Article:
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NATIONAL | fall 2006

Light After the Storm
Homegrown women activists bring hope to New Orleans

A year after hurricane Katrina battered Louisiana, it’s still difficult to map the needs of the city of New Orleans or to quantify its progress toward recovery. But one thing is for certain, according to Suzanne Dietzel, director of the Women’s Resource Center at Loyola University New Orleans: Grassroots activism and leadership by women have been responsible for measurable progress in restoring quality of life in New Orleans.

She cites, for example, the work of Pam Dashiell, an activist in the devastated Lower Ninth Ward neighborhood who’s working to close the MR-GO canal—a waterway that significantly contributed to that area’s flooding. And that of educator Cherice Harrison-Nelson—a Mardi Gras Indian who is working to preserve her African American group’s elaborate, 200-year-old costuming and parading traditions.

Then there’s Becky Currence, a member of Women of the Storm, a group started this past January. At that time, the city was, in effect, being snubbed by the U.S. government— few senators or U.S. representatives had come to visit, which Currence and her group felt was essential in understanding the extent of the problem. So they invited them. At last count, 55 senators and 100 representatives have taken the Women of the Storm up on their offer.

She recalls the reaction of Speaker of the House Dennis Hastert, who took their tour after publicly questioning whether the city should be rebuilt at all: “I’ve seen things here I never expected to see in my country in my lifetime,” he told the women. Women of the Storm have also visited Washington, where they screened a Louisiana-produced documentary, Washing Away, on the threat posed by the erosion of the coastal wetlands (which provide a storm surge barrier).

Many frustrations remain, of course. One notable setback has been the dissolution of Newcomb College as a degree-granting entity. The 120- year-old women’s college at Tulane University—the first such school to be founded within an American university— was reconstituted as the H. Sophie Newcomb Memorial College Institute in the aftermath of the storm. (Many believed that Katrina was used as an excuse to make the change, which received much criticism from alumnae.) According to Crystal Kile, education coordinator at Newcomb’s Center for Research on Women, the months of uncertainty following the announcement of Tulane’s decision in December of 2005 interfered with potential post-Katrina projects.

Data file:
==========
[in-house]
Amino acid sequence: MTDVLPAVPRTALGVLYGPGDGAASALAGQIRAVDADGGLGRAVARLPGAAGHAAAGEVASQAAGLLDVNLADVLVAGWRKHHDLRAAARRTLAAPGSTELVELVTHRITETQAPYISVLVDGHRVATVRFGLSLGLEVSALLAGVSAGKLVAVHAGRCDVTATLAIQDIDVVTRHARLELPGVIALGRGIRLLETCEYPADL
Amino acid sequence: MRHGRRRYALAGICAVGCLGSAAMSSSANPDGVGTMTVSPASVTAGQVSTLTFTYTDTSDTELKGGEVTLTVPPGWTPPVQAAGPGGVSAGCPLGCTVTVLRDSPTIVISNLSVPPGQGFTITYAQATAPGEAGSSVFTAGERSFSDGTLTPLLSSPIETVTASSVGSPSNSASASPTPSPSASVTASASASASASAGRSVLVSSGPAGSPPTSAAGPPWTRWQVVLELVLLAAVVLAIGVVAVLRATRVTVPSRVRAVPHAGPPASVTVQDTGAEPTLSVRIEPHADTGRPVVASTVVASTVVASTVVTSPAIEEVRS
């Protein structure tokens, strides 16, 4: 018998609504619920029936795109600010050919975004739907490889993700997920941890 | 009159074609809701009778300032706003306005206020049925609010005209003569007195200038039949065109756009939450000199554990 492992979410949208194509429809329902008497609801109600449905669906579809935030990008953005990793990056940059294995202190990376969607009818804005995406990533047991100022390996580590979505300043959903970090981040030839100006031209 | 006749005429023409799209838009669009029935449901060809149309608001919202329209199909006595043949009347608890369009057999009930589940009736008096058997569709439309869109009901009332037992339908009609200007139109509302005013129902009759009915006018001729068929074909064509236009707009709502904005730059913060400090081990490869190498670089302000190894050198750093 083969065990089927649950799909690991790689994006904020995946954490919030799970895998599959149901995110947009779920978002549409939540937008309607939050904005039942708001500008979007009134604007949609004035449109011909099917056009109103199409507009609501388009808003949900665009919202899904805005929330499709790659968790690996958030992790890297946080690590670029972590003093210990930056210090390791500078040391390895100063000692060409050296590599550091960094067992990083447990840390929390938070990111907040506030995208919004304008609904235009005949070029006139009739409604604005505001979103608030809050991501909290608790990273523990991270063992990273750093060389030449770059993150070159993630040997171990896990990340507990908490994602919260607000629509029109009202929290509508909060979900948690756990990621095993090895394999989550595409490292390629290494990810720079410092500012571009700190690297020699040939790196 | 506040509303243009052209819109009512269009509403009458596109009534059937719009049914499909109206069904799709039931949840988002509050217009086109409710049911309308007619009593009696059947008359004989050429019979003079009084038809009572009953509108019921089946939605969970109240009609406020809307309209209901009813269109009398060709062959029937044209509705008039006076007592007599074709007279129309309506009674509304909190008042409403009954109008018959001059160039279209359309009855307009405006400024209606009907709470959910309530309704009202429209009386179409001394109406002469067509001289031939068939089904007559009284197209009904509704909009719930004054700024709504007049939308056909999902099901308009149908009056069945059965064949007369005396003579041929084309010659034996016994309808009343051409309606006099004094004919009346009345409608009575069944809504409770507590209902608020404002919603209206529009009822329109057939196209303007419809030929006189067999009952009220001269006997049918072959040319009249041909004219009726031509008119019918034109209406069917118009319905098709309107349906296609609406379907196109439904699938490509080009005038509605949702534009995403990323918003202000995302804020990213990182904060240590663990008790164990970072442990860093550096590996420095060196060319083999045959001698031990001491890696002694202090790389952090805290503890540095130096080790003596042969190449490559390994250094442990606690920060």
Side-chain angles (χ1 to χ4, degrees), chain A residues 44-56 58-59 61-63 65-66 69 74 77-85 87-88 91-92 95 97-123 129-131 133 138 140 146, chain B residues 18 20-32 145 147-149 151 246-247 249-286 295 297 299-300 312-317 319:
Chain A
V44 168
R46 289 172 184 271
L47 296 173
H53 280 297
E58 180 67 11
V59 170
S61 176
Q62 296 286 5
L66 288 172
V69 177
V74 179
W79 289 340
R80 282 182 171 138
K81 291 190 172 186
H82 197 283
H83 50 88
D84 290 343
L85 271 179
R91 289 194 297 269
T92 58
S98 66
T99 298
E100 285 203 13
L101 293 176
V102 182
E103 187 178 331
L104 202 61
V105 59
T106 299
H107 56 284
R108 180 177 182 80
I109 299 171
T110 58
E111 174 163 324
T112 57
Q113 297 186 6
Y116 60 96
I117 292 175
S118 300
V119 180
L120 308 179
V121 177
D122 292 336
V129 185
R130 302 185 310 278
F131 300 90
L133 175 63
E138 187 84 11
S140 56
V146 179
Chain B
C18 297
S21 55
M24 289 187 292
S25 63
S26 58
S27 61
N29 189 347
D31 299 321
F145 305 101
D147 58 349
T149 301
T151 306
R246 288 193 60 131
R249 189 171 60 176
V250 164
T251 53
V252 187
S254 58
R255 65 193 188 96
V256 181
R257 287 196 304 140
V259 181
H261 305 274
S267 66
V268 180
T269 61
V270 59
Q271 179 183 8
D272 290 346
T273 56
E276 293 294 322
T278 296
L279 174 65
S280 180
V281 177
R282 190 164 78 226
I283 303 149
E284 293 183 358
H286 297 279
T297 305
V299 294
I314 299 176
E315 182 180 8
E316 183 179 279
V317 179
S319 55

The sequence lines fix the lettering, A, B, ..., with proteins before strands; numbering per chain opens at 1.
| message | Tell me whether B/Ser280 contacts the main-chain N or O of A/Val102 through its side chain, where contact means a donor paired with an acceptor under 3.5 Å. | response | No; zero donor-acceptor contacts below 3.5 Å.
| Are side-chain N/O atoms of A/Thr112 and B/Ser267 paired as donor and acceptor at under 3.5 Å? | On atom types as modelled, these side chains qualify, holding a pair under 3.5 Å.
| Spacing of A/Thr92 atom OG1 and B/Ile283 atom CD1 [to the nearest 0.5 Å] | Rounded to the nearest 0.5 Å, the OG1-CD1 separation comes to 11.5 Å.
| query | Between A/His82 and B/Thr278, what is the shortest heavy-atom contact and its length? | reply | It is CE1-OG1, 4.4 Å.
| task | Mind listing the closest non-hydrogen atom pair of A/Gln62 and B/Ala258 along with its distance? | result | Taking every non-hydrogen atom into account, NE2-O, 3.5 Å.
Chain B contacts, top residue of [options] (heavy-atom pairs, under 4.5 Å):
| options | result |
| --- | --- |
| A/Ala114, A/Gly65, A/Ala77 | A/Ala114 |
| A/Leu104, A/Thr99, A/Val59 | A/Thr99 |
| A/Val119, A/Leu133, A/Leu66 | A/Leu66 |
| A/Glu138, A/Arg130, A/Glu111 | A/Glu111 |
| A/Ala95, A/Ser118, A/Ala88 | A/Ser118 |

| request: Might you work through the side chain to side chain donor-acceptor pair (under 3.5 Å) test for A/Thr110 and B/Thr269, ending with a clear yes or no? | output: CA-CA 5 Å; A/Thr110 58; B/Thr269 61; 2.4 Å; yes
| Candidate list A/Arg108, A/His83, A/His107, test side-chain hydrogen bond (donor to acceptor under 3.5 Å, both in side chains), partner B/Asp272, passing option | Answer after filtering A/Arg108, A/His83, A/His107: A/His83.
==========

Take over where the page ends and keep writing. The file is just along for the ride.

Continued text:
“We didn’t have the time or resources to educate our vast and powerful network of alumnae and get projects going,” says Kile. “[Instead] the energy went to the threat against Newcomb.” Kile finally feels able to mobilize students for the ongoing relief effort, and they’re working with Eve Ensler’s V-Day Foundation, who will produce a massive V-Day 10th-anniversary event at the New Orleans Superdome in April 2008.

“In the end, day-to-day life is just a huge thing,” says Dietzel of New Orleans today. “School. Shopping. Getting groceries. Keeping your head above water. The biggest accomplishment is really just a series of small ones—it’s that moment when a woman says, ‘I’m taking this into my own hands.’ And that has happened here, across race, class and generations, from uptown matrons to Ninth Ward teenagers.”